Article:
Safety, Health and Wellbeing

Eyewash and emergency showers

Our role is to develop and assist in the implementation of the UWA safety, health and wellbeing programs in order to minimise the risk of injury, illness and property damage.

We provide consultancy and other services to promote best practice and legislative compliance in all University and related activities.

Legislation specifically requires employers to provide and maintain personal protective equipment.

It is also a requirement that employees are trained in the use of such equipment and that they are supervised.

Where it is not practicable to avoid the presence of hazards at the workplace, the employer must provide employees with adequate personal protective equipment and clothing as is practicable to protect them from those hazards, without any cost to the employee. (Australian Standards, Safety in Laboratories; General; Part 1, AS/NZS 2243.1. Section 2; Laboratory Design and Safety).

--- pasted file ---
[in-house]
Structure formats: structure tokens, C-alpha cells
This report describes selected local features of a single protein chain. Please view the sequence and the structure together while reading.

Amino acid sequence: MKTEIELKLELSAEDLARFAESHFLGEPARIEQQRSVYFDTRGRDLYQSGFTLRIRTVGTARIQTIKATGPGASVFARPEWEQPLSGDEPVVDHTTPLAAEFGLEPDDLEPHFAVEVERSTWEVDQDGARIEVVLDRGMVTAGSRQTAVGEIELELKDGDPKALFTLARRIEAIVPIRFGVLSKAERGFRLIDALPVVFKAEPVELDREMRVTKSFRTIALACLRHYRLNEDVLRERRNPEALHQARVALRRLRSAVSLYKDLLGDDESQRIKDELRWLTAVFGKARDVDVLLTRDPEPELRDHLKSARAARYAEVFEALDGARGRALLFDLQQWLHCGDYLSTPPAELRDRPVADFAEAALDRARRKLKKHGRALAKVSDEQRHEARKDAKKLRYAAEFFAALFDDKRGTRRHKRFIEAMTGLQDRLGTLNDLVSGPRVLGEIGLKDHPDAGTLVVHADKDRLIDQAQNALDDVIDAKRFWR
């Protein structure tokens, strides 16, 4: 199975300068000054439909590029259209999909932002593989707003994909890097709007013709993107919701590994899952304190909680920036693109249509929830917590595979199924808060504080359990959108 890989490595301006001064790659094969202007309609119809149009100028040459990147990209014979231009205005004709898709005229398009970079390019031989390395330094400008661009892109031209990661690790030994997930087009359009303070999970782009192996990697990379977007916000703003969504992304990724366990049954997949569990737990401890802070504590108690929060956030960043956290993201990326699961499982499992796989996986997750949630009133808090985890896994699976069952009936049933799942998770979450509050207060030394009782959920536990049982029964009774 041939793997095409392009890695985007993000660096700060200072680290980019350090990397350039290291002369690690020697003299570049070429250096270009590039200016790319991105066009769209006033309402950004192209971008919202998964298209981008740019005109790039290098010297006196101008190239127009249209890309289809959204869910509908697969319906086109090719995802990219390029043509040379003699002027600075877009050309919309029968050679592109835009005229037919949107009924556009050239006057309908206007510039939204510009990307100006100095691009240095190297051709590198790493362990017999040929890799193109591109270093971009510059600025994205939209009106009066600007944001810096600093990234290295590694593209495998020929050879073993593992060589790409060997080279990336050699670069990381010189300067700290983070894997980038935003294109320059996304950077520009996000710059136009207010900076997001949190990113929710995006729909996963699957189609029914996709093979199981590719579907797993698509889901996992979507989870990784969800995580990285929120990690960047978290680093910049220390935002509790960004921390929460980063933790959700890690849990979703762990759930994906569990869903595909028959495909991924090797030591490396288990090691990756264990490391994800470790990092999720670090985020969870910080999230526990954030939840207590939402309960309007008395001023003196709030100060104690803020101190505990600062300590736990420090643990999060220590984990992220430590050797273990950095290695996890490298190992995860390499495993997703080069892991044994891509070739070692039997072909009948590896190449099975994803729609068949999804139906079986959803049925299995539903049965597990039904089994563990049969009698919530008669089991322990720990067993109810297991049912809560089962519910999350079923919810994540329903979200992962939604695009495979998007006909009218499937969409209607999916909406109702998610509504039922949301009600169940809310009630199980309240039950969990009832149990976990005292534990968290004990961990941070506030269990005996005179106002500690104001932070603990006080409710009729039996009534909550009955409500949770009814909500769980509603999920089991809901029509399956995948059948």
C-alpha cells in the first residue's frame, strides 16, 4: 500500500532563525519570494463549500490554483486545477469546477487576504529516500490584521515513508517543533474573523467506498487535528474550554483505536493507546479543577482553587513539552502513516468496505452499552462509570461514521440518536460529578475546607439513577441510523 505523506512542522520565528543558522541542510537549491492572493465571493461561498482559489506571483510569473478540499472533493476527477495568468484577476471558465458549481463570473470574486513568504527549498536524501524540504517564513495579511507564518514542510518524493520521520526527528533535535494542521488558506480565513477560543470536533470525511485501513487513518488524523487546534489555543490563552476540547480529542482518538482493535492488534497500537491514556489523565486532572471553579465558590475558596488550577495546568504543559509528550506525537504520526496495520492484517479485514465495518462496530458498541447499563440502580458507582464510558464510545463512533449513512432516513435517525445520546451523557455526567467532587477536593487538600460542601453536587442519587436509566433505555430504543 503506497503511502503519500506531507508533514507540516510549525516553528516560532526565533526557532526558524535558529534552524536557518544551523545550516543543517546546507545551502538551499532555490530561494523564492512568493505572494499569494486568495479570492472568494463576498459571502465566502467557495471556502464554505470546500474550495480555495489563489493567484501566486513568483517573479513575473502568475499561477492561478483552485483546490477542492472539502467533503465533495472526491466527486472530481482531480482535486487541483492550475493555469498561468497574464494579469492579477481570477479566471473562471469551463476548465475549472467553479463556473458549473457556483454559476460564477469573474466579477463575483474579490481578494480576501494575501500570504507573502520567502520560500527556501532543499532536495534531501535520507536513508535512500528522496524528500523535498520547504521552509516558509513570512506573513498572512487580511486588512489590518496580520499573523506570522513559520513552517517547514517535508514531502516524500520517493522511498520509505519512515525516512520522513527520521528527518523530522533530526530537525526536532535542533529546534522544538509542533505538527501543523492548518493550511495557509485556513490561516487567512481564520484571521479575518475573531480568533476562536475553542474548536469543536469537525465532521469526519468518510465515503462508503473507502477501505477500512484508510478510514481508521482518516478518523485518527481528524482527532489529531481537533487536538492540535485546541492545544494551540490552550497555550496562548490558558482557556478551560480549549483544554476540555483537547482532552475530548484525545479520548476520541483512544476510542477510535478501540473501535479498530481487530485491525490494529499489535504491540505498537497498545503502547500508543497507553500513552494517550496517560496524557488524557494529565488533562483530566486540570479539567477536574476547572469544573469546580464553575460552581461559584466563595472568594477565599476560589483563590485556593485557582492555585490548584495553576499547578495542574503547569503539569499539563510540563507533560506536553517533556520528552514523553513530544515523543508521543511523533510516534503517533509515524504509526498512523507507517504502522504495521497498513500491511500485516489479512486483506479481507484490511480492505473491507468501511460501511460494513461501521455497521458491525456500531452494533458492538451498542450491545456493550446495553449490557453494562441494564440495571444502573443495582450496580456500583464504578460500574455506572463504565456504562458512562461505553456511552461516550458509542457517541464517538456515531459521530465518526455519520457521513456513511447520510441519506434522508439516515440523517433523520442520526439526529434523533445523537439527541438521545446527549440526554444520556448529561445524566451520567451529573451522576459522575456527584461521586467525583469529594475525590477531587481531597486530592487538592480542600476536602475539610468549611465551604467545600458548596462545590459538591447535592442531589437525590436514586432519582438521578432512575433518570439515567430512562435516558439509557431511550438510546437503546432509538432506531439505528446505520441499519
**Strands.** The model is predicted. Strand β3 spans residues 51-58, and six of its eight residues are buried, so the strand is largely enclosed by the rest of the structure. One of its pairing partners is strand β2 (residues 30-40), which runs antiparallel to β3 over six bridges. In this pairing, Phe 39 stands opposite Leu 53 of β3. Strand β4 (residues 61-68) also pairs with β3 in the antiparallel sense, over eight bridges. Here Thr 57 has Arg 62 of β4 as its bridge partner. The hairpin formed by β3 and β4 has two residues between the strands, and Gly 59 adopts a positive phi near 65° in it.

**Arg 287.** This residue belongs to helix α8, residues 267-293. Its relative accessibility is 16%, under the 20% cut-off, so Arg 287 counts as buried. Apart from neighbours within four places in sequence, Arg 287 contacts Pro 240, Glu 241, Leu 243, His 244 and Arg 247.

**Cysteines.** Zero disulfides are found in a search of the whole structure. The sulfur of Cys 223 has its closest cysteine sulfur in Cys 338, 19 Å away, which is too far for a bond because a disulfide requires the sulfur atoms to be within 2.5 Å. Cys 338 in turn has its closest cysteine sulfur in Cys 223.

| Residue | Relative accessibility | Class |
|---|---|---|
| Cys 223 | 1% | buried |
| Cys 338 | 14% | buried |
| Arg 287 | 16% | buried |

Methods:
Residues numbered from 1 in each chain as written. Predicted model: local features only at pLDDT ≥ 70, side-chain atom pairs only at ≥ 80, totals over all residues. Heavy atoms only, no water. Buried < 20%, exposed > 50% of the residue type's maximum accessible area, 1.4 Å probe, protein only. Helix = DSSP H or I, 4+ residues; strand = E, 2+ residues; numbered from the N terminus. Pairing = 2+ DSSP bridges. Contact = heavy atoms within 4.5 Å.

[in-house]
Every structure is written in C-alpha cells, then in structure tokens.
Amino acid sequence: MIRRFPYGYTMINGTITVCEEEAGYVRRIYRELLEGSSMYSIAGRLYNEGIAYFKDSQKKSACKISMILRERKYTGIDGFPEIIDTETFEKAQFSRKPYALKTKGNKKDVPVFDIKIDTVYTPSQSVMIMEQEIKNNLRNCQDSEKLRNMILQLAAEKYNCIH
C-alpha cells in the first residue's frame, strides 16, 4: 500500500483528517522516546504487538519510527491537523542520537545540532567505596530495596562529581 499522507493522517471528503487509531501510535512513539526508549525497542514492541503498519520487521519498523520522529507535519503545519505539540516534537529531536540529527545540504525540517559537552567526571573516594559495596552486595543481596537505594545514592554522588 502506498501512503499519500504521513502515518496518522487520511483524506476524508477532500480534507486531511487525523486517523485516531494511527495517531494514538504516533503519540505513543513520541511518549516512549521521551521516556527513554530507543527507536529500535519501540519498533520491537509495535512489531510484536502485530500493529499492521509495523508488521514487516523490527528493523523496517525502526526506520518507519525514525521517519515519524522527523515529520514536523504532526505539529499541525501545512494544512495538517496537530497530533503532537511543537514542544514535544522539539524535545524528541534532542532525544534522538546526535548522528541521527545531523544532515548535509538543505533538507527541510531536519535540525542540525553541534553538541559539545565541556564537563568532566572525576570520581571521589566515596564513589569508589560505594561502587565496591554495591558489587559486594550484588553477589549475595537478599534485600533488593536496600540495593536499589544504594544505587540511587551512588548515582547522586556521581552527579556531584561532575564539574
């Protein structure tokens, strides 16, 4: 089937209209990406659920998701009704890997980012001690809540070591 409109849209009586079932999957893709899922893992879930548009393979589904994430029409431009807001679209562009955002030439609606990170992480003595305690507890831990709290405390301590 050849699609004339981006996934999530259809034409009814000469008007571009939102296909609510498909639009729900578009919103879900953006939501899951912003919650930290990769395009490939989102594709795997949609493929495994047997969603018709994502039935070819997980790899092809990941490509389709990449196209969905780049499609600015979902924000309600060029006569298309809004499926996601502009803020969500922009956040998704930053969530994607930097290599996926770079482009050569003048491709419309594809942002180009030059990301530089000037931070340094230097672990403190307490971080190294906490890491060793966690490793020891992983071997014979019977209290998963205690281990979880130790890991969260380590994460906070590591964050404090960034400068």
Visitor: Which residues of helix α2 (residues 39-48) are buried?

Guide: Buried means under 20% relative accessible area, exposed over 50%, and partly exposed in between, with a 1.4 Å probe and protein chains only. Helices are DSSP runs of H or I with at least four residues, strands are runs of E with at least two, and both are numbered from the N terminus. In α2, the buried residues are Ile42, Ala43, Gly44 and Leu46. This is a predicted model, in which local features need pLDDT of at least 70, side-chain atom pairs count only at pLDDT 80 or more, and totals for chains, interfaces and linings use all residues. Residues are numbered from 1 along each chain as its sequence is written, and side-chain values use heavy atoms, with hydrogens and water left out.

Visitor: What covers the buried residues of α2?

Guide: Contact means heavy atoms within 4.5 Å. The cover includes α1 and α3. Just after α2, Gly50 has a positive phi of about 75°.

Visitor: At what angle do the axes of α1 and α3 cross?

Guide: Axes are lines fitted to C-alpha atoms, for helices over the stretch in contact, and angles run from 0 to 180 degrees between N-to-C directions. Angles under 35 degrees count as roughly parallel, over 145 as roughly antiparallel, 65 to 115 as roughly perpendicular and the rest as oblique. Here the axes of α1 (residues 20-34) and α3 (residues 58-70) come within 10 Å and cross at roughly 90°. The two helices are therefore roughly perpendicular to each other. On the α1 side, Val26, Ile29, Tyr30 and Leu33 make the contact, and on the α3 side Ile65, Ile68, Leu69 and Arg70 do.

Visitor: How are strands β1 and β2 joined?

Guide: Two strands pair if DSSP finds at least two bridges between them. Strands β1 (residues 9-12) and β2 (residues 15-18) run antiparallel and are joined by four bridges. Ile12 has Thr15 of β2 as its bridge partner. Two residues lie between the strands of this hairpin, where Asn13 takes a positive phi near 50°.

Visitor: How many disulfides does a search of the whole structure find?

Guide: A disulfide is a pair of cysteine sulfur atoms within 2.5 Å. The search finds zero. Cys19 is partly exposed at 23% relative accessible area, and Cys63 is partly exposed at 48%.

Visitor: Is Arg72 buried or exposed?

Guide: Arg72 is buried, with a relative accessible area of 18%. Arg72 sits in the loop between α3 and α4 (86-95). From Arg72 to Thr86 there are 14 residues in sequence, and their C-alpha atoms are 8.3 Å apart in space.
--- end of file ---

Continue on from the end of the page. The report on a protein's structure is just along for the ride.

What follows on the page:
Statutory Legislation

Legislation specifically requires employers to provide and maintain personal protective equipment. It is also a requirement that employees are trained in the use of such equipment and that they are supervised.

Where it is not practicable to avoid the presence of hazards at the workplace, the employer must provide employees with adequate personal protective equipment and clothing as is practicable to protect them from those hazards, without any cost to the employee. (Australian Standards, Safety in Laboratories; General; Part 1, AS/NZS 2243.1. Section 2; Laboratory Design and Safety)

Policy

  1. A permanently fixed aerated eye wash facility which can be operated without using hands is necessary in each room where chemicals, corrosives or flammable substances are handled.
  2. At least one safety shower should be installed where chemical, corrosive or flammable substances are used. NOTE: This may be a drench-type shower, a hand-held spray, or other type as appropriate to the hazard of the particular laboratory. There should not be more than a 10-metre travel distance to such devices from any point in the laboratory. These devices and their actuating mechanism should be located so that the approach to them is unobstructed.
 

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Last updated:
Wednesday, 13 January, 2016 11:04 AM

http://www.safety.uwa.edu.au/1925656